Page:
Despite the potential uses of these data, much of social media content is neither publically available for research nor linked with electronic medical records (EMRs), making it difficult to use or validate reported information at an individual level. One result is that most health-related analyses of social media are passive and may not include consenting patients about accessing their data.16
Little is known about individual and social acceptability of sharing social media data for purposes of individual or public health, or medical research, and yet building a ‘digital health databank’ demonstrates many parallels with the current construct of DNA banking. While initially met with scepticism from the general public, consent rates for donating blood for the purpose of conducting genetic research reached upward of 80%, albeit with significant demographic variation.17–19 Given that health is determined at least as much by social endowments and exposures as genetic endowments and biomedical exposures, associations between social media information and health might offer considerably leverage for prevention and cure or at least information that is complementary to our genetic makeup.
We examined the acceptability of building a research databank that links consenting patients’ social media content with their EMR data. To determine whether such a social media databank contained enough information to be useful from a research perspective, we also examined the quantity of language data available for analysis and the quality of specific health-related content.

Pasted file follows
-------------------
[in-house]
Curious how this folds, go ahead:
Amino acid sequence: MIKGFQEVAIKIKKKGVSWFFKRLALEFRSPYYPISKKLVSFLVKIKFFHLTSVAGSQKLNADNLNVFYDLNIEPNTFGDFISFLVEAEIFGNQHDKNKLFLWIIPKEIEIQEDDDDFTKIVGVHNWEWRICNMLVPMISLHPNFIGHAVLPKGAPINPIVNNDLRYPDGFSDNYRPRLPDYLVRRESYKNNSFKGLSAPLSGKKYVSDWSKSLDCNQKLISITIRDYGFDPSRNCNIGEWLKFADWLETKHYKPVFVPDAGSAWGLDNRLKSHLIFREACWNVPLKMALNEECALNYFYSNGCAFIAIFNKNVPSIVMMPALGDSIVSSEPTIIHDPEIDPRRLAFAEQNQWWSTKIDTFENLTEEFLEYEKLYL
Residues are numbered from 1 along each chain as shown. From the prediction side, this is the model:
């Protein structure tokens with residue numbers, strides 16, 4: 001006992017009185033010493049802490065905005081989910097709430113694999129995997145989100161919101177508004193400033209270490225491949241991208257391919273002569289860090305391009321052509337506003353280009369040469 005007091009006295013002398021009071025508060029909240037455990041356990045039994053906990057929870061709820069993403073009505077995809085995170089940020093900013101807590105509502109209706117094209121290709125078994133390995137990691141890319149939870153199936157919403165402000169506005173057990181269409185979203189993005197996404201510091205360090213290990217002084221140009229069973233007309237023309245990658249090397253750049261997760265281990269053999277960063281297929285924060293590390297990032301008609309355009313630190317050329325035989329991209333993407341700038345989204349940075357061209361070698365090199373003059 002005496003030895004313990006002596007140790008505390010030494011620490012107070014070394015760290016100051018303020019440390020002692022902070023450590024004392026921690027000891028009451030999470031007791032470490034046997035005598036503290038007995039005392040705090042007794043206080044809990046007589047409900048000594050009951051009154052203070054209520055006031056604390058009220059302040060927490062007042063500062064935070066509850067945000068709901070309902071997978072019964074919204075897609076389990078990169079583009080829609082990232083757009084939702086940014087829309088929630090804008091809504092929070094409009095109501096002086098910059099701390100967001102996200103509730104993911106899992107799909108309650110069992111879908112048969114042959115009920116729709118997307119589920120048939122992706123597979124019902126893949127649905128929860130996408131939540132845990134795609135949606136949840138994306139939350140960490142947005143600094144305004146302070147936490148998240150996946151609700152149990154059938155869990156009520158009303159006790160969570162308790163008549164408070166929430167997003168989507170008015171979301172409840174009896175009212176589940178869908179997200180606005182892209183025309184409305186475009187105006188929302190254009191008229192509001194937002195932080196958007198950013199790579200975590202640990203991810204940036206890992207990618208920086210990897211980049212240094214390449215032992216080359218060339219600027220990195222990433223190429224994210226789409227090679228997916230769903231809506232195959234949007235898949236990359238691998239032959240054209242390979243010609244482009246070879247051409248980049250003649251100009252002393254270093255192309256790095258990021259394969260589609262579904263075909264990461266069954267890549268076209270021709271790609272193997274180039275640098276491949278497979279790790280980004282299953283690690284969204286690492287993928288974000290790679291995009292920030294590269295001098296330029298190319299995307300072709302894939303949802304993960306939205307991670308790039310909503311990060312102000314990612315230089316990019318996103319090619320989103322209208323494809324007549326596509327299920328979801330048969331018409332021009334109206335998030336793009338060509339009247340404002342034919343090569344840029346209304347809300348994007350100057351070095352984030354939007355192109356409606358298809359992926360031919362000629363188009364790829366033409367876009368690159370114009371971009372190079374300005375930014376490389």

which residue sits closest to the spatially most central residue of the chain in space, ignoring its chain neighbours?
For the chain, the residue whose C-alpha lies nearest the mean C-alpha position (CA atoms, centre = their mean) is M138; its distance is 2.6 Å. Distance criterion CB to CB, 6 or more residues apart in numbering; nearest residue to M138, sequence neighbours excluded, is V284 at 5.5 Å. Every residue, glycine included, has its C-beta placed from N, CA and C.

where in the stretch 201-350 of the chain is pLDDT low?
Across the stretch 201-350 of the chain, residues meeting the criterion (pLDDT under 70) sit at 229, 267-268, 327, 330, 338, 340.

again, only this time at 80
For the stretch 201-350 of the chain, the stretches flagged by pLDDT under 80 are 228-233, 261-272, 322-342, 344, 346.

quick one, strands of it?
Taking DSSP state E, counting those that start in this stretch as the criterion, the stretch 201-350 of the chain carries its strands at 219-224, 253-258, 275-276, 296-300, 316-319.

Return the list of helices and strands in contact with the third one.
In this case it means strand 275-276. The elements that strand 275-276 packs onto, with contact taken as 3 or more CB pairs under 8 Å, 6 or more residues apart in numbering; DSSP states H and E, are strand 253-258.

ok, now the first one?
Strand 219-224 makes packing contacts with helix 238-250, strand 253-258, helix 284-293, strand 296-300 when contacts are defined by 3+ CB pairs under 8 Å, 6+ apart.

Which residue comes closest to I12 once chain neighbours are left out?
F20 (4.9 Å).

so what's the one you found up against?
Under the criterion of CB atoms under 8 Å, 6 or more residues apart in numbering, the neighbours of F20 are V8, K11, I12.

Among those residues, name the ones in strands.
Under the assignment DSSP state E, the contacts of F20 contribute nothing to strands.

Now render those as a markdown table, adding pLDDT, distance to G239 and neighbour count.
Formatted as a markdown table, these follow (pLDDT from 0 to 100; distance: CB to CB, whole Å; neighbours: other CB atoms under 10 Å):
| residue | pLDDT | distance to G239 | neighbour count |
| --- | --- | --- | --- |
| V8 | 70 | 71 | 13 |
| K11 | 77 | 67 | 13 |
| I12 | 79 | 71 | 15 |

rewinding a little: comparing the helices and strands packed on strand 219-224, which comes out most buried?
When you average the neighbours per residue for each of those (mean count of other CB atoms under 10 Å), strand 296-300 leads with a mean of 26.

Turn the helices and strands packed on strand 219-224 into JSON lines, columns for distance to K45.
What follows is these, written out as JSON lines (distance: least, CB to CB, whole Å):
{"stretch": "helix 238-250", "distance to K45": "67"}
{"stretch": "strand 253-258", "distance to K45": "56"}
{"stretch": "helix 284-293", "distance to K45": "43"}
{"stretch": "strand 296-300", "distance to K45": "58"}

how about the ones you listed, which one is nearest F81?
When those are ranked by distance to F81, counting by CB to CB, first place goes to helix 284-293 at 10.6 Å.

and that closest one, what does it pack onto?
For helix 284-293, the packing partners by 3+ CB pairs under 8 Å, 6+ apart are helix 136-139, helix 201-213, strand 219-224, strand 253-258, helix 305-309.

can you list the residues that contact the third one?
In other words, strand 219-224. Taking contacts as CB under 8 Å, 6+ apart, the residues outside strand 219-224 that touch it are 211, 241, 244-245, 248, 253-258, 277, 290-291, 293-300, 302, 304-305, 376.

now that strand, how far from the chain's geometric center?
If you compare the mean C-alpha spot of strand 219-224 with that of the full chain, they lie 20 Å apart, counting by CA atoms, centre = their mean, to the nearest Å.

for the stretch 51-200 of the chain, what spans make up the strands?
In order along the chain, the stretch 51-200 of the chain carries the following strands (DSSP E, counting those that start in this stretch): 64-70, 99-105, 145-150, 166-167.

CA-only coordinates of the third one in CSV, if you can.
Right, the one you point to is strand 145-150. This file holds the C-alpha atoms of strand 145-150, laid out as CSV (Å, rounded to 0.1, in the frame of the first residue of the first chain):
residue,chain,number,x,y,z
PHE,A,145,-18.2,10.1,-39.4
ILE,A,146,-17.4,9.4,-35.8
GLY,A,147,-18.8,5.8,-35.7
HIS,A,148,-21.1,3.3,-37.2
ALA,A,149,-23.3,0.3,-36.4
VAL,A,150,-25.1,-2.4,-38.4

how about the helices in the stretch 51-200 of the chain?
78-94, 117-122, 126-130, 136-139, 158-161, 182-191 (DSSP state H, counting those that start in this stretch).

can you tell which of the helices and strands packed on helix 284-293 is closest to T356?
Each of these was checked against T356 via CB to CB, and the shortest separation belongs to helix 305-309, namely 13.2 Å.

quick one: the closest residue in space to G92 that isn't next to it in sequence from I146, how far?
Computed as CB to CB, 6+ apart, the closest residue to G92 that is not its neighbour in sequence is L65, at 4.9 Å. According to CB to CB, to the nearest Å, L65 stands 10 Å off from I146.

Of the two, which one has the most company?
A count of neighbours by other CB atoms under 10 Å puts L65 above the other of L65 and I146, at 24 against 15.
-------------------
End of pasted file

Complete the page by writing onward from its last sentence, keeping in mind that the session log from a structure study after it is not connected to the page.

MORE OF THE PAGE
This was a study of patients seeking care in an urban academic adult emergency department (ED) from 28 March 2014 to 31 October 2014. During selected shifts, balanced to reflect different days of the week, two or three research assistants (RAs) approached patients as they were brought into the ED from the triage area. Patients were excluded if they were <18 years of age, in police custody, evaluated in the trauma resuscitation bay, intoxicated, in respiratory distress or with other evidence of severe illness including intubation or sedation, altered mental status or haemodynamic instability requiring acute intervention. Non-English-speaking patients were also excluded as to enable language analysis of social media posts. Patients were verbally asked if they used Facebook or Twitter. Those who indicated yes were asked if they would be willing to participate in a study about social media and health. They were informed that the study involved sharing with researchers all information from their Facebook and/or Twitter accounts and data from their EMR. Patients who indicated that they did not have a Facebook or Twitter account were not queried further. Patients who were unwilling to share their social media data (‘non-sharers’) and EMR data were verbally asked to consent to complete a brief survey about their demographics and reasons for not sharing.